By Pam Kenney
Sean* is ten and a gifted child. He reads voraciously, thinks way outside the box, and is on a personal quest to understand the world around him by learning as much as he can about everything he can as fast as he can. Like many other bright kids, his social skills aren't as well-developed as those of some of his peers, and he finds many of his classroom assignments needlessly repetitive and not particularly challenging (and says so, of course); he can be a know-it-all.
I know Sean well, and I imagine he can be a handful for his teacher and often irritating to his classmates. His school, though, thinks he may have a "problem". Maybe he needs a social skills class or would benefit from some other type of intervention... After all, the kids in his grade have complained about him because he brags sometimes, and he thinks he's so-o-o smart, and he's quite touchy, reacting verbally when they tease him.
Sean does not need a social skills class. He doesn't have a problem---he's smart. And it's time educators started celebrating the uniqueness of academically gifted students instead of labeling their eccentricities as problems that need to be fixed. Yes, Sean should learn that tooting his own horn isn't the way to make friends, but his classmates need to be taught that their behavior toward him, manifested solely to bring him down a peg or two, is equally inappropriate.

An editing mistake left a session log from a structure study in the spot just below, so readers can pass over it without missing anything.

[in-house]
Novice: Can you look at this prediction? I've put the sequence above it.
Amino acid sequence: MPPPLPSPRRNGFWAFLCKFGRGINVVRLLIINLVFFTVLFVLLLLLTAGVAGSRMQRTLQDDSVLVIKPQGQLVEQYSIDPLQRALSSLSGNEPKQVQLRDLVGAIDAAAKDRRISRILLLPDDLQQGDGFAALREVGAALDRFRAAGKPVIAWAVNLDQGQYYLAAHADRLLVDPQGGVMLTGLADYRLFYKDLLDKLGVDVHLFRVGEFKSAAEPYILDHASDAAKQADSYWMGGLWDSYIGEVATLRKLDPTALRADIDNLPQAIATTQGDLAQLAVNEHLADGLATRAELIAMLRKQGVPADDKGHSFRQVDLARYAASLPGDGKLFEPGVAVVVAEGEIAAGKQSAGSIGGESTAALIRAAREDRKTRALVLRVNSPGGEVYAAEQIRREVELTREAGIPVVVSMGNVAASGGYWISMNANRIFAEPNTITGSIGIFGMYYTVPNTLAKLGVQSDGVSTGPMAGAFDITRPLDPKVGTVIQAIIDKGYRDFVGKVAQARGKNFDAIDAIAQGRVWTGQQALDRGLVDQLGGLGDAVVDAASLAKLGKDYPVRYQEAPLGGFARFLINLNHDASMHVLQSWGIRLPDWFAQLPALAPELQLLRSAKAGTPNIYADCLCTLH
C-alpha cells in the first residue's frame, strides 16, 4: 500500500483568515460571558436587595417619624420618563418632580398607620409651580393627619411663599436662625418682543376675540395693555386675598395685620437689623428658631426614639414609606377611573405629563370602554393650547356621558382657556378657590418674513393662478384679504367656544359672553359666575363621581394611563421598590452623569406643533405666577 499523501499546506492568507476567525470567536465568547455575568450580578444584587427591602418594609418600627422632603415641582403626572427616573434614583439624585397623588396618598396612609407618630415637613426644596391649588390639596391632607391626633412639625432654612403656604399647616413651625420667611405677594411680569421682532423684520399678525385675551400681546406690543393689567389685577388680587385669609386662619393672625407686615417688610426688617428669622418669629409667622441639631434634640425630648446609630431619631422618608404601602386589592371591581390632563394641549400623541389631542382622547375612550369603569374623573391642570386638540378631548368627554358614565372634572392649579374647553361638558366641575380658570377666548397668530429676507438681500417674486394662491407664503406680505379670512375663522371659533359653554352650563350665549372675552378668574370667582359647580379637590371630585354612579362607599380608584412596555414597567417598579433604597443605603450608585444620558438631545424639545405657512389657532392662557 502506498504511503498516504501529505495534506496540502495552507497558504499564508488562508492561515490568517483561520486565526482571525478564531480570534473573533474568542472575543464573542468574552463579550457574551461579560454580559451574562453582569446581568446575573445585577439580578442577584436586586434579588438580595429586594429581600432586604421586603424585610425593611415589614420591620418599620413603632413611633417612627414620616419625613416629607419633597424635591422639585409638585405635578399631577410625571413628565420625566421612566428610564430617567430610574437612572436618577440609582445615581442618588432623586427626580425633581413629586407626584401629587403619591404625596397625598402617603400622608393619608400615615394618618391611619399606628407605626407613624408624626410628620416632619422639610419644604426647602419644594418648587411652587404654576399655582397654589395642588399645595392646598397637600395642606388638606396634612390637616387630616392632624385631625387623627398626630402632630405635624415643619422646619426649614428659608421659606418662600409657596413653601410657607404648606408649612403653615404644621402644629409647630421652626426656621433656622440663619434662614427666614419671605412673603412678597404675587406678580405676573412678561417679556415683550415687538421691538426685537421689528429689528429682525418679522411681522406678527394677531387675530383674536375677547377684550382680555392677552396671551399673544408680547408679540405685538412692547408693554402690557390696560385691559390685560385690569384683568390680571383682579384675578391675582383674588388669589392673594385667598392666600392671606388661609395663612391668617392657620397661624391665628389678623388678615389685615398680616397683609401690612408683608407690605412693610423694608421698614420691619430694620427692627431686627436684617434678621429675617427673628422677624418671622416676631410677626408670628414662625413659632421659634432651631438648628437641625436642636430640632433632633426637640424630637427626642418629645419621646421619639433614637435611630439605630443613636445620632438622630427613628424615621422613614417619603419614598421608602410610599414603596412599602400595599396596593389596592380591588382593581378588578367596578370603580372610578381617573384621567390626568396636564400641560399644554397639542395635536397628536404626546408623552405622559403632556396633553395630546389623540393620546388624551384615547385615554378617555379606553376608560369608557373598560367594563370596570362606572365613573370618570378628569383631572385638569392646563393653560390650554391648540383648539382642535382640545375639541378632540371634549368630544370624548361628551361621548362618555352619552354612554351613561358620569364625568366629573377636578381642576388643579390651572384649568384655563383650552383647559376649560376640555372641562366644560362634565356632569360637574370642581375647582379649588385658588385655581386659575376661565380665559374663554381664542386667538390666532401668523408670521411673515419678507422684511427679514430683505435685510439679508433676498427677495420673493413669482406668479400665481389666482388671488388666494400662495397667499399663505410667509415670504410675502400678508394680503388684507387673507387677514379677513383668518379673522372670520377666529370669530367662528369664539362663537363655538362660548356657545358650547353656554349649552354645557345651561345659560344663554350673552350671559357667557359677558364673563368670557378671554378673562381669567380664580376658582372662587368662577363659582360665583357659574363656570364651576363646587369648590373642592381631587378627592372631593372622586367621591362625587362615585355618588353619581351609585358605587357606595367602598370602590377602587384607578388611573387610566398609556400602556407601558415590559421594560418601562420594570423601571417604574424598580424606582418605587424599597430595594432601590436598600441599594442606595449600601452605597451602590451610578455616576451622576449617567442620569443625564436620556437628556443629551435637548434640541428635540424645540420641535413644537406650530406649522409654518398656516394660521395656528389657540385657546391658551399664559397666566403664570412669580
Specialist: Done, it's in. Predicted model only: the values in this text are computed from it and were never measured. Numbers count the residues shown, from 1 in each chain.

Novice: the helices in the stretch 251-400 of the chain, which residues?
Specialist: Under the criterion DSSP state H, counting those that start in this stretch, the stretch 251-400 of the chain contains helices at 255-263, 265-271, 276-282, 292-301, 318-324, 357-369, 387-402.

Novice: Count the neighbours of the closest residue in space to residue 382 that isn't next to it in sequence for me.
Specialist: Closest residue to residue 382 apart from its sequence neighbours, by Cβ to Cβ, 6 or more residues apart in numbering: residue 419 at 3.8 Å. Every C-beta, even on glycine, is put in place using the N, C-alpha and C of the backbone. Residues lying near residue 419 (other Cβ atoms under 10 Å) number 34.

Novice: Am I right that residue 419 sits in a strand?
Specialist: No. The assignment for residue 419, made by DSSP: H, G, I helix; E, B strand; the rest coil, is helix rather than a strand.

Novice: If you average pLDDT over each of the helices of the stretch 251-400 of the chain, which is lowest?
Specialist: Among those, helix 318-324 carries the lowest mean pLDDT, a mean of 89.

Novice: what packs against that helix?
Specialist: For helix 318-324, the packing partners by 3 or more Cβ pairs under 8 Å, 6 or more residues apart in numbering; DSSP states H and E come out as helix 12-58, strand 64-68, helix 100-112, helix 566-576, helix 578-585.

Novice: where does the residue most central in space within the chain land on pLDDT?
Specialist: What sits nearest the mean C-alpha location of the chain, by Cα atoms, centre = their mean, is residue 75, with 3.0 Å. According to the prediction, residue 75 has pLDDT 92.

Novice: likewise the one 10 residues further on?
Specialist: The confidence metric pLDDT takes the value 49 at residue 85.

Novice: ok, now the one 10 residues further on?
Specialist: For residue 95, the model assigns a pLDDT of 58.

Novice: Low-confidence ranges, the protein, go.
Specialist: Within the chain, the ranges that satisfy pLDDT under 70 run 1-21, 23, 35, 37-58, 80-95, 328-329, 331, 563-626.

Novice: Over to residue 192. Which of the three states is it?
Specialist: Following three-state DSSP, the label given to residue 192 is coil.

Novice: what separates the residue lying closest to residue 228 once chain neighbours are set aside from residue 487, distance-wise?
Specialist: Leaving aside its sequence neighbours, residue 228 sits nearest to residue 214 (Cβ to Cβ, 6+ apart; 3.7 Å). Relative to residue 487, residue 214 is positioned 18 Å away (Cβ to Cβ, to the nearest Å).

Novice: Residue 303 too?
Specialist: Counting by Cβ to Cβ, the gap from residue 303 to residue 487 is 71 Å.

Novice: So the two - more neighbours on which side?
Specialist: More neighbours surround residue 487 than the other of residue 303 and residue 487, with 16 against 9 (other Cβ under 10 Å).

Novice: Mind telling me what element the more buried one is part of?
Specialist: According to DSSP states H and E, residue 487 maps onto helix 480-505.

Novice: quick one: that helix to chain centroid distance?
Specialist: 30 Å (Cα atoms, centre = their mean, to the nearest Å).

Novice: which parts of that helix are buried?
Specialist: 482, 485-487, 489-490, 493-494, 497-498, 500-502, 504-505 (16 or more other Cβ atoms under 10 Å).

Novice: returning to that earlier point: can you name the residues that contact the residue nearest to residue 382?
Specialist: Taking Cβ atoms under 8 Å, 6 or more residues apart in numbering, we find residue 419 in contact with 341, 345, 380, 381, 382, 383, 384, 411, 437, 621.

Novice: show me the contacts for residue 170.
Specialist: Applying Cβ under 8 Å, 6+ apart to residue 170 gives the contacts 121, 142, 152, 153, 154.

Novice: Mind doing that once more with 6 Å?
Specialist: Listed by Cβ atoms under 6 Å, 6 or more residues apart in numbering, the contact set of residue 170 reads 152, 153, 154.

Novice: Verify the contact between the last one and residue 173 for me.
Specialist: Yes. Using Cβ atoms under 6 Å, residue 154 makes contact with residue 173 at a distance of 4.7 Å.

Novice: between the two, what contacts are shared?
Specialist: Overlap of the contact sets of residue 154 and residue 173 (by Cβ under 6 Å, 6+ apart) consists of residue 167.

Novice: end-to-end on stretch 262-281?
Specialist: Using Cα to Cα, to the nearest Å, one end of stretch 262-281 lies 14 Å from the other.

Classrooms are composed of children of every stripe and are ideal environments for teachers to initiate discussions with their students about differences among people, including intellectual and personality-related ones. Kids already know that some of us are more athletic or musical than others; some are good with their hands while others are more awkward. They've been told since they were toddlers that we're all different, and that that's a good thing. Yes, it is a good thing, but schools today are so intent on bolstering children's self-esteem and reassuring them that they are up to every challenge, that they have shied away from celebrating the gifts of unusually smart kids.
Gifted children can be hard to deal with; but so can star athletes, and reluctant readers, and good math students, and introverts, and computer geeks, and kids who sit and stare into space. The personalities and attendant behaviors of all of them are affected by their strengths and weaknesses. They don't need special classes or therapy; they need committed teachers and parents who will take the time to discuss all the ways people differ from one another and how those differences affect how they act. Through example and lots of practice at home and at school, I believe kids are perfectly capable of understanding and accepting each other's idiosyncrasies, not with scorn and ridicule, but with grace and pride.
*name changed to protect the child's identity